We have several examples of this. In recent years, Avaaz has been very active with protests against Libya and Syria. In the case of Libya, they gathered a million signatures for the UN to declare Libya as “no-fly zone”. This request denied the legitimate government of Libya the opportunity to defend themselves, and as seen have brought the victory of the armies supported by foreign powers and the current chaos. Avaaz has not asked for any pardon. In the case of Syria, they have taken the lie of ” Assad’s chemical attack ” to start the campaign of provocation against Syria (in 2012 defended openly the “international intervention“) and to also ask for an “No Fly zone in Syria” (10). Against Syria they also used the alleged “massive rape perpetrated by the Army” (we have not heard about these massive violations, nor Avaaz’s petition to the imperialists to not intervene in Syria). That was in June 2013 (11). In 2014 Avaaz called the arms embargo against Syria. Avaaz has also played in the Latin American field, prompting protests against Morales.
But, who are the people who form the “only one global group” Avaaz? To begin with, we must say thatAvaaz has only 16 “workers” (this is the number of “militants” that go beyond a “click”). These are what really make the line, while the gigantic community is restricted to “clicktivism”. The founder and head of Avaaz Ricken Patel charges $ 190,000 a year, so it is unclear what kind of business “clicktivism” is. Patel is a member of the International Crisis Group founded by Soros, and besides that, has worked for the Gates Foundation, the Rockefeller Foundation and Ford (source: Wikipedia) Foundation. Another boss is Tom Perriello, US Congressman by Virginia (Democratic Party). Perriello has made a career in the US State Department and the Prosecutor of the International Criminal Court. As a congressman has supported the wars in Afghanistan and Iraq. Perriello has also worked as advisor to the occupying army in Afghanistan. As stated in this source, Avaaz has its origin in the organizations created to support the Obama campaign (and sponsored by Soros) MoveOn and Res Publica (Avaaz was created following the merger of these two organizations). Therefore, we can say that Avaaz is created or controlled 100% by the US Democratic Party, which acts within the system’s organization. Moreover, we must bear in mind that in the era of Obama, the Democratic leader has maintained in office numerous neocon warmongers of the Bush era. That is, under Obama the Democratic Party has returned to the old doctrine of “globalization of rights” (if it ever was abandoned), that is, to increase the interventionist trend. Avaaz is placed in this trend, as it helps give a “progressive” image to such interventions. ‘It’s really wonderful this “global democracy” filtered by the political representatives of the powerful!!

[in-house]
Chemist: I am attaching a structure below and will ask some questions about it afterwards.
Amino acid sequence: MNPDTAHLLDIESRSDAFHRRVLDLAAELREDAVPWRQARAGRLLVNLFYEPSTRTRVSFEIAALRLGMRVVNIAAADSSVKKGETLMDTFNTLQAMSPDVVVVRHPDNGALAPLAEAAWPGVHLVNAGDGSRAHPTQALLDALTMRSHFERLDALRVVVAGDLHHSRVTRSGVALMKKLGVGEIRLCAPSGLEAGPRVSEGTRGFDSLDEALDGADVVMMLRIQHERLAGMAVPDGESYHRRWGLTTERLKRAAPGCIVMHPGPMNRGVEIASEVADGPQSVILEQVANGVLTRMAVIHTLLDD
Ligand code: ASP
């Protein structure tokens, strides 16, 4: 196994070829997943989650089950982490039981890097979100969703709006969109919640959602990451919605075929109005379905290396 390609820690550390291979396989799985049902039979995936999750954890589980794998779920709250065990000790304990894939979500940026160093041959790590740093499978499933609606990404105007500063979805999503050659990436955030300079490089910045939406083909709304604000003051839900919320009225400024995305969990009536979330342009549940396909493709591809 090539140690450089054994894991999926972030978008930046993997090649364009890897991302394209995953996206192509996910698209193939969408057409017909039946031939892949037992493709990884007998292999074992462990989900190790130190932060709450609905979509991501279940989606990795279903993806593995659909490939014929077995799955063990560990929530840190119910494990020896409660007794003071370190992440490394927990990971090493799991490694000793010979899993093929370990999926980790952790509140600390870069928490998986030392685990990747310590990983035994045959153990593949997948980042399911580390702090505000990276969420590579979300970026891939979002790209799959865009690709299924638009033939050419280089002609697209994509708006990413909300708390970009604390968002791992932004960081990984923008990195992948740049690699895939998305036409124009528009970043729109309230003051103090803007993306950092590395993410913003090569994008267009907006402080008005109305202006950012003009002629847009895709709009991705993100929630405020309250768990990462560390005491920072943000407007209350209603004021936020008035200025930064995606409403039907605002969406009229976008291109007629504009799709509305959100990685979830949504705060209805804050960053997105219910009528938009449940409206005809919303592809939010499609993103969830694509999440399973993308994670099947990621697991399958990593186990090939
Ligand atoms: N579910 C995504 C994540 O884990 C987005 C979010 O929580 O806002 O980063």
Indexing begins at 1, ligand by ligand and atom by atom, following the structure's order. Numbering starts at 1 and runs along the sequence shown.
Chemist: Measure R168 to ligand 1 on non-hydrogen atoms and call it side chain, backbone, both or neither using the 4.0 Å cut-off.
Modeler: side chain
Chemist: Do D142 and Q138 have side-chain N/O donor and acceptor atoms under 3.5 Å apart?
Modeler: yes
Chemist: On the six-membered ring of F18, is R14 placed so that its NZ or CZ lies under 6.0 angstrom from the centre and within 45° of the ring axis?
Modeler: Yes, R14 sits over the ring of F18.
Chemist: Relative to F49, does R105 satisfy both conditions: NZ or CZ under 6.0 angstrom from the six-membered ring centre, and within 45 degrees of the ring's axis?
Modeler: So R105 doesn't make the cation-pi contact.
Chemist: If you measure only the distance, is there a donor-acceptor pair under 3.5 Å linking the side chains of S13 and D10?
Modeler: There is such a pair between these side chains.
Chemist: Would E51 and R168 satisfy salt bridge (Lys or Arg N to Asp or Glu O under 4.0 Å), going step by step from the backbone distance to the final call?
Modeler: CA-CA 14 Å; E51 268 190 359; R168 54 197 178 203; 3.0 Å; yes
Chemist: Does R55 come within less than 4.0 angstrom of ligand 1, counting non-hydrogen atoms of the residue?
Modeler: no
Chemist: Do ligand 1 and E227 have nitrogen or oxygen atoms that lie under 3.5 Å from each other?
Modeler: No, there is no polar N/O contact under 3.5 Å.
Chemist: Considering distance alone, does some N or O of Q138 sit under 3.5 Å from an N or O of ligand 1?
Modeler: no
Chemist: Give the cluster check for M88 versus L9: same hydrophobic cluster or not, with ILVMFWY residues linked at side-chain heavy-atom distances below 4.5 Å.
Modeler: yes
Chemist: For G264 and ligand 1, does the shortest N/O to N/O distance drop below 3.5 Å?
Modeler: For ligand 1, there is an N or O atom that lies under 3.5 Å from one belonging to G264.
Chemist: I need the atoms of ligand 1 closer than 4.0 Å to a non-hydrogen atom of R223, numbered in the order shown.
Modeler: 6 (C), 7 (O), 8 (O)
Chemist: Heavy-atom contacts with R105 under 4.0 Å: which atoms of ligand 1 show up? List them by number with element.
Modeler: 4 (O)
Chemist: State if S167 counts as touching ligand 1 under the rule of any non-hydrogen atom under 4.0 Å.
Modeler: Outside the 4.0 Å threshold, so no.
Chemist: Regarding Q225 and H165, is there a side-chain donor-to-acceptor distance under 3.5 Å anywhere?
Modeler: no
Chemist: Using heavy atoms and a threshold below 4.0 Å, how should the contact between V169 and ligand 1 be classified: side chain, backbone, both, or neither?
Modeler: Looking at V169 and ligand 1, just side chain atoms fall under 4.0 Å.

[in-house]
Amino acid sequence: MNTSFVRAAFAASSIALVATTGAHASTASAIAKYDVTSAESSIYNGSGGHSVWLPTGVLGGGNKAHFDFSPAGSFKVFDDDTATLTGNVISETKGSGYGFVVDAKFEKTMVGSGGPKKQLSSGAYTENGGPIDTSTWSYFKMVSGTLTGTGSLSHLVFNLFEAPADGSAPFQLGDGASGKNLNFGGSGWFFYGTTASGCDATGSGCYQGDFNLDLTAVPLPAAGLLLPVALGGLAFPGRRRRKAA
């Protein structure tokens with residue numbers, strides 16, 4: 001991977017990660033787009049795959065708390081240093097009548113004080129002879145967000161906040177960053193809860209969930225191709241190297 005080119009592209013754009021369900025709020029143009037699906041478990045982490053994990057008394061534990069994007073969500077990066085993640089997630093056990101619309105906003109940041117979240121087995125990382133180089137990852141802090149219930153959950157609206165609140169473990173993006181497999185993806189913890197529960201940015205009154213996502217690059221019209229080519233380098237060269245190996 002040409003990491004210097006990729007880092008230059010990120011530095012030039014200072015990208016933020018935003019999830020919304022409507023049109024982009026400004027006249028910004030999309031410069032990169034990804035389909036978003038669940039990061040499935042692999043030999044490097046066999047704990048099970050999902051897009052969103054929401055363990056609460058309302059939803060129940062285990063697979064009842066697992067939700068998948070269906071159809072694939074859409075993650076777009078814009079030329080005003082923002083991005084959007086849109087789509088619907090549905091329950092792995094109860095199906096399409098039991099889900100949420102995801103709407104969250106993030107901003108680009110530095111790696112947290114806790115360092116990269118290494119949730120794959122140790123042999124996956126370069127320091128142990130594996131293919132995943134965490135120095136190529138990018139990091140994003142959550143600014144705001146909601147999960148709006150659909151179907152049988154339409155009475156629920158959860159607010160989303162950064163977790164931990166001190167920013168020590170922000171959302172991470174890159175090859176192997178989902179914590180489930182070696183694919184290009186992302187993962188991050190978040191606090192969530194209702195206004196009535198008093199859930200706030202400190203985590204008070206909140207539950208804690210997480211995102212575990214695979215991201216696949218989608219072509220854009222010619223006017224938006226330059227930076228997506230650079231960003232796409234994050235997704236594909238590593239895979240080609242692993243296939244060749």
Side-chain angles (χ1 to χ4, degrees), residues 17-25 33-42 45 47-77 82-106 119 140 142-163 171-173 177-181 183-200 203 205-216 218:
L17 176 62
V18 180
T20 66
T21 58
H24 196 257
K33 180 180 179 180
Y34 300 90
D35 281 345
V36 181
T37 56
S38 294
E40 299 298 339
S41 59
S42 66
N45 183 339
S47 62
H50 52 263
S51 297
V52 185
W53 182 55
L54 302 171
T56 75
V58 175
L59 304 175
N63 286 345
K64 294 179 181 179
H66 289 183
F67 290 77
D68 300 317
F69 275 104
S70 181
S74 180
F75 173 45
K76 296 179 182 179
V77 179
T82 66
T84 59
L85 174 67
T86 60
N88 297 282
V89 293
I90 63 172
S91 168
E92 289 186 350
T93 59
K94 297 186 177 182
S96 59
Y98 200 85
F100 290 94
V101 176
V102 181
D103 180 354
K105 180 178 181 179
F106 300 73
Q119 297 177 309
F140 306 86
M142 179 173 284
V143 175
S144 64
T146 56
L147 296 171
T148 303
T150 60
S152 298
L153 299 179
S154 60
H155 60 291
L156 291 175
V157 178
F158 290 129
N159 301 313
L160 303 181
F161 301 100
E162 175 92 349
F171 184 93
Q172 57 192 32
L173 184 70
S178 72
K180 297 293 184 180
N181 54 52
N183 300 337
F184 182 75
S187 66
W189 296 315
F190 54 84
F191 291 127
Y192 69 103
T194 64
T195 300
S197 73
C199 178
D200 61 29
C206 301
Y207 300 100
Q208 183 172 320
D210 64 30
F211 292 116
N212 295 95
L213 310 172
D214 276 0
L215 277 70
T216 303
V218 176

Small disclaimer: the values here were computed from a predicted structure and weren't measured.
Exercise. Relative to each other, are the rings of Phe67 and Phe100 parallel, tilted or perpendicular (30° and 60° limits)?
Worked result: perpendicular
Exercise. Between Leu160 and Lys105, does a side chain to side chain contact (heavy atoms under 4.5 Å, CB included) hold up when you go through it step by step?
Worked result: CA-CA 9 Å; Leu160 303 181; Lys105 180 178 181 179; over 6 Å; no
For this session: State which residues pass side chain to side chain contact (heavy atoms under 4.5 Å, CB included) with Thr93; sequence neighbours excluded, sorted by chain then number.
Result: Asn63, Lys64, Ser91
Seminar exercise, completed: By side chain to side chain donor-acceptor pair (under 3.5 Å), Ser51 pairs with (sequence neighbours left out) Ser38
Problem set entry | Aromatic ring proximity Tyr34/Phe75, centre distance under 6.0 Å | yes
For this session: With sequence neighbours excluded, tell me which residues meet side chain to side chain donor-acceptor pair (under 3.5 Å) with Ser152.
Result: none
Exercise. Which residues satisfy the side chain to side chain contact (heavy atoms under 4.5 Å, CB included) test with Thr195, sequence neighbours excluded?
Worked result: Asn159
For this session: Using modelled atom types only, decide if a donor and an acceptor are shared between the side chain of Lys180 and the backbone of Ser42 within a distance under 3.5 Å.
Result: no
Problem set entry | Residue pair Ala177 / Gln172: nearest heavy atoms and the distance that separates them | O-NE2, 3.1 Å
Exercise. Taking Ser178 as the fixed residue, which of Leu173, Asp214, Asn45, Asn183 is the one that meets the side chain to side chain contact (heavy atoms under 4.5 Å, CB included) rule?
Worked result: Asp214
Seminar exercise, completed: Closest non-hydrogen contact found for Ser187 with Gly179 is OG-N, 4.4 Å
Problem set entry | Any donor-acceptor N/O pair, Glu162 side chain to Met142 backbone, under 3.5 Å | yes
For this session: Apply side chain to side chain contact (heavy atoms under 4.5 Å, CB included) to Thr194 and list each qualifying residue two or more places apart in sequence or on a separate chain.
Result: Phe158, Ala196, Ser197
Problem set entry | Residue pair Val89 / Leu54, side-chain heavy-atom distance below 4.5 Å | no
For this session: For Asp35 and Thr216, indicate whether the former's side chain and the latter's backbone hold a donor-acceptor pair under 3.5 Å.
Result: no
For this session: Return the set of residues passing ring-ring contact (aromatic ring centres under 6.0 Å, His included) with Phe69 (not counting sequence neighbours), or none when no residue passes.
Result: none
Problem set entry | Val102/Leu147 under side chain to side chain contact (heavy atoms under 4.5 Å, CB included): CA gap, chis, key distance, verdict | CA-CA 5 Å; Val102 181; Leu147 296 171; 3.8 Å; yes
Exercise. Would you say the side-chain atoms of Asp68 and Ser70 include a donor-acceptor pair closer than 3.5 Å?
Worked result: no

The Avaaz model of militancy does not ask for more than a click from its “members”. This system of apparent democracy actually promotes political irresponsibility, because to participate in a worldwide campaign they do not need anything else, either active militancy, nor ideological formation, or any responsibility; because “everything is decided by an amorphous mass”. According to data provided from the Avaaz itself, most participants are people belonging to the upper-middle class of strong First World economies (i.e. countries where people have more resources to connect to the Internet) and middle-class or upper-middle-class (the great majority of people in the Avaaz community are, in this order, teachers, students, employees of technology, doctors and NGO workers; workers of the assembly sector such as laborers, publicans or janitors are far from the rank). The word “Avaaz” means voice, but this organization, by offering more voice to those who already have voice (the upper classes of the West) achieves to silence the voices of others. That is, the “democratization of external relations” is in practice a political operation aimed to erase international borders and enables the community of “financially stable” First World white men to decide everything (voting, of course). This is a perversion of democracy, the highest stage of imperialistic “ecumenism” turned into “democratic legitimacy” for the usual imperialists. Take an example, on the aforementioned case Avaaz campaigned against Libya’s sovereignty by pushing to declare Libya a “no fly zone”. In September 2012, a year after the murder of Gaddafi, he had 923,968 Avaaz members in the US but only 3,167 in Libya. Today Avaaz has 2,263,179 members in the US and 31,798 in Libya. As a result of the “global democracy activism” proposed by Avaaz, a majority of US citizens can decide on Libya … above the Libyans themselves!! In this case, it is not only the idea that “democracy” or “progressive values” come from the arm of the West, as Soros believes; but brought to them on time, voting … even voting destruction or looting of their country.